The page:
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Health Information-seeking Behaviors and Preferences of a Diverse, Multilingual Urban Cohort.

  • Author(s): Khoong, Elaine C
  • Le, Gem M
  • Hoskote, Mekhala
  • Rivadeneira, Natalie A
  • Hiatt, Robert A
  • Sarkar, Urmimala
  • et al.

Published Web Location

https://www.ncbi.nlm.nih.gov/pmc/articles/PMC6527313/
No data is associated with this publication.
Abstract

Introduction

In order to address health disparities, it is important to understand how vulnerable individuals seek information. This study used an adapted version of the Health Information National Trends Survey (HINTS) administered in English, Spanish, and Chinese to describe the behaviors and preferences of a diverse group of vulnerable urban residents.

Methods

We administered a modified HINTS survey in English, Spanish, and Chinese and used purposive sampling to ensure 50% were non-English speakers evenly divided between Spanish and Chinese speakers, and 50% of English-speakers identified as Black. We used multivariable logistic regression to determine characteristics associated with sources used for health information and preferences for delivery of health information.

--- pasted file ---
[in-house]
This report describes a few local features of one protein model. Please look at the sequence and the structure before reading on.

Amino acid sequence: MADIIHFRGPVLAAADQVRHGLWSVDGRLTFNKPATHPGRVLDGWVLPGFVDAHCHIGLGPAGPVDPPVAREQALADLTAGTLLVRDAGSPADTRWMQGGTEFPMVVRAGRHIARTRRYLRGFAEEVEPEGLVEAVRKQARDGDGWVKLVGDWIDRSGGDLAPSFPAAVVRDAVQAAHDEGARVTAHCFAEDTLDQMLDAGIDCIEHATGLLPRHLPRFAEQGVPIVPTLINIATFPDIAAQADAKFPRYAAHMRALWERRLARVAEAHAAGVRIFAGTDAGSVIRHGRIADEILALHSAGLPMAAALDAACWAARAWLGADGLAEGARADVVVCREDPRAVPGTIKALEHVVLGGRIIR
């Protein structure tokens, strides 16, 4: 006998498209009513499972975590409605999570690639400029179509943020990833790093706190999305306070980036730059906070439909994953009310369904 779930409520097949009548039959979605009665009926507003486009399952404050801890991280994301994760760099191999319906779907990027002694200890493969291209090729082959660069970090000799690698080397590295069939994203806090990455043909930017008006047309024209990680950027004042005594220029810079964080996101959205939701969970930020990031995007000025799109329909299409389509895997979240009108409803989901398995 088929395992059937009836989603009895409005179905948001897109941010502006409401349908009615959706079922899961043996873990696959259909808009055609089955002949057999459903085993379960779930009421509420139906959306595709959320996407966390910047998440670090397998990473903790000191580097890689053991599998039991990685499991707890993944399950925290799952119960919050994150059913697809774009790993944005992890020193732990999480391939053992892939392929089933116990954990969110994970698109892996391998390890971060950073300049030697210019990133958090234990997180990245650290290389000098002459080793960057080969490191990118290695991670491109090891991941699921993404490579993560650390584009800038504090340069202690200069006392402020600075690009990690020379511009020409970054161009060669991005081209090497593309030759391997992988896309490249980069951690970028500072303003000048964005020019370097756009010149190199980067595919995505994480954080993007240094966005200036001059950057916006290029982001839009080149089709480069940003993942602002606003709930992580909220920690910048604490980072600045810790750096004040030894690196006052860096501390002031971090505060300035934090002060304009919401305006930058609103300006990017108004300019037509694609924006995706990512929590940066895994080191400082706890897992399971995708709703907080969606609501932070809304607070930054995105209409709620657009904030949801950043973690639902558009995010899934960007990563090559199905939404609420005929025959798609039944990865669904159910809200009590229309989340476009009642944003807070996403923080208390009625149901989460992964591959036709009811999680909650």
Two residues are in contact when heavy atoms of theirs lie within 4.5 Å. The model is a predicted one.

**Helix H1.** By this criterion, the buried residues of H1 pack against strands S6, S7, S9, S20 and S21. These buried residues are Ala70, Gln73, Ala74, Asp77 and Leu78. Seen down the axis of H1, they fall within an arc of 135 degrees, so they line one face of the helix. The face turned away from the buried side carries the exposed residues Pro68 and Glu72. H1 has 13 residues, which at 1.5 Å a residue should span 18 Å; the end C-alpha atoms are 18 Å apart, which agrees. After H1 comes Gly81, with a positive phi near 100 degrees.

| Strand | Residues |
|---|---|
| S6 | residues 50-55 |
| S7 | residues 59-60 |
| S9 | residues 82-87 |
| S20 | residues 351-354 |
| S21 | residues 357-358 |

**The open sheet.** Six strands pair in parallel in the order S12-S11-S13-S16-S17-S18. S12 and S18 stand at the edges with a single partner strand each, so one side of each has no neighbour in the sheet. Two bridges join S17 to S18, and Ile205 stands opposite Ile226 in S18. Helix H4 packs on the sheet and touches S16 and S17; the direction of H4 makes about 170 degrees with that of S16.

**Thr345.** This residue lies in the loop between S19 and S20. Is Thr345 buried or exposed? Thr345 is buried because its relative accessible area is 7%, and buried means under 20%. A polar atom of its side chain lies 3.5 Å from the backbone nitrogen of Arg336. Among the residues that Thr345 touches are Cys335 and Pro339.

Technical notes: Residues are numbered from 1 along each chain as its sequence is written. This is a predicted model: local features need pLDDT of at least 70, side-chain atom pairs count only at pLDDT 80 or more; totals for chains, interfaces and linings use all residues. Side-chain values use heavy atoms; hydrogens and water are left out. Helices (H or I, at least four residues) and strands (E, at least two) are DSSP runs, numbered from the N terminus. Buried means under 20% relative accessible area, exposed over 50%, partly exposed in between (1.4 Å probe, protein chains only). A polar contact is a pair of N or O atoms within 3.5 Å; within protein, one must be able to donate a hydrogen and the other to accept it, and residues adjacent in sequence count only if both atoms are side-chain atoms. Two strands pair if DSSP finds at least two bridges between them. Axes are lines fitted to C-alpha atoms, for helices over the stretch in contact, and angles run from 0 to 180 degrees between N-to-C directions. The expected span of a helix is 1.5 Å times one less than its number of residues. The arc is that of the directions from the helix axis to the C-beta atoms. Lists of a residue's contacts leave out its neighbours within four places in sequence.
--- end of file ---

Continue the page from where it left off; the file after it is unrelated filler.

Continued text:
Results

Among 1027survey respondents (514 English, 256 Spanish, 260 Chinese), 55% had adequate health literacy, and 50% reported household income <$20,000, but 77% reported owning a smartphone. A plurality sought health information on the Internet (39%) or from a health care provider (36%). In multivariable analyses, smartphone ownership predicted higher odds of seeking health information on the Internet [odds ratio, (OR) 2.98; 95% confidence interval (CI), 1.81-4.91]. Participants most preferred email (41%) and brochures (40%) for delivery of health information, but non-English survey respondents were less likely to prefer email: Spanish (OR, 0.30; 95% CI, 0.11-0.83) and Chinese (OR, 0.25; 95% CI, 0.09-0.71). Smartphone ownership predicted an email preference (OR, 2.19; 95% CI, 1.43-3.36).

Conclusions

Among vulnerable populations, smartphone ownership and language preferences impact preferences for seeking and receiving health information. These preferences need to be considered in designing health messages.

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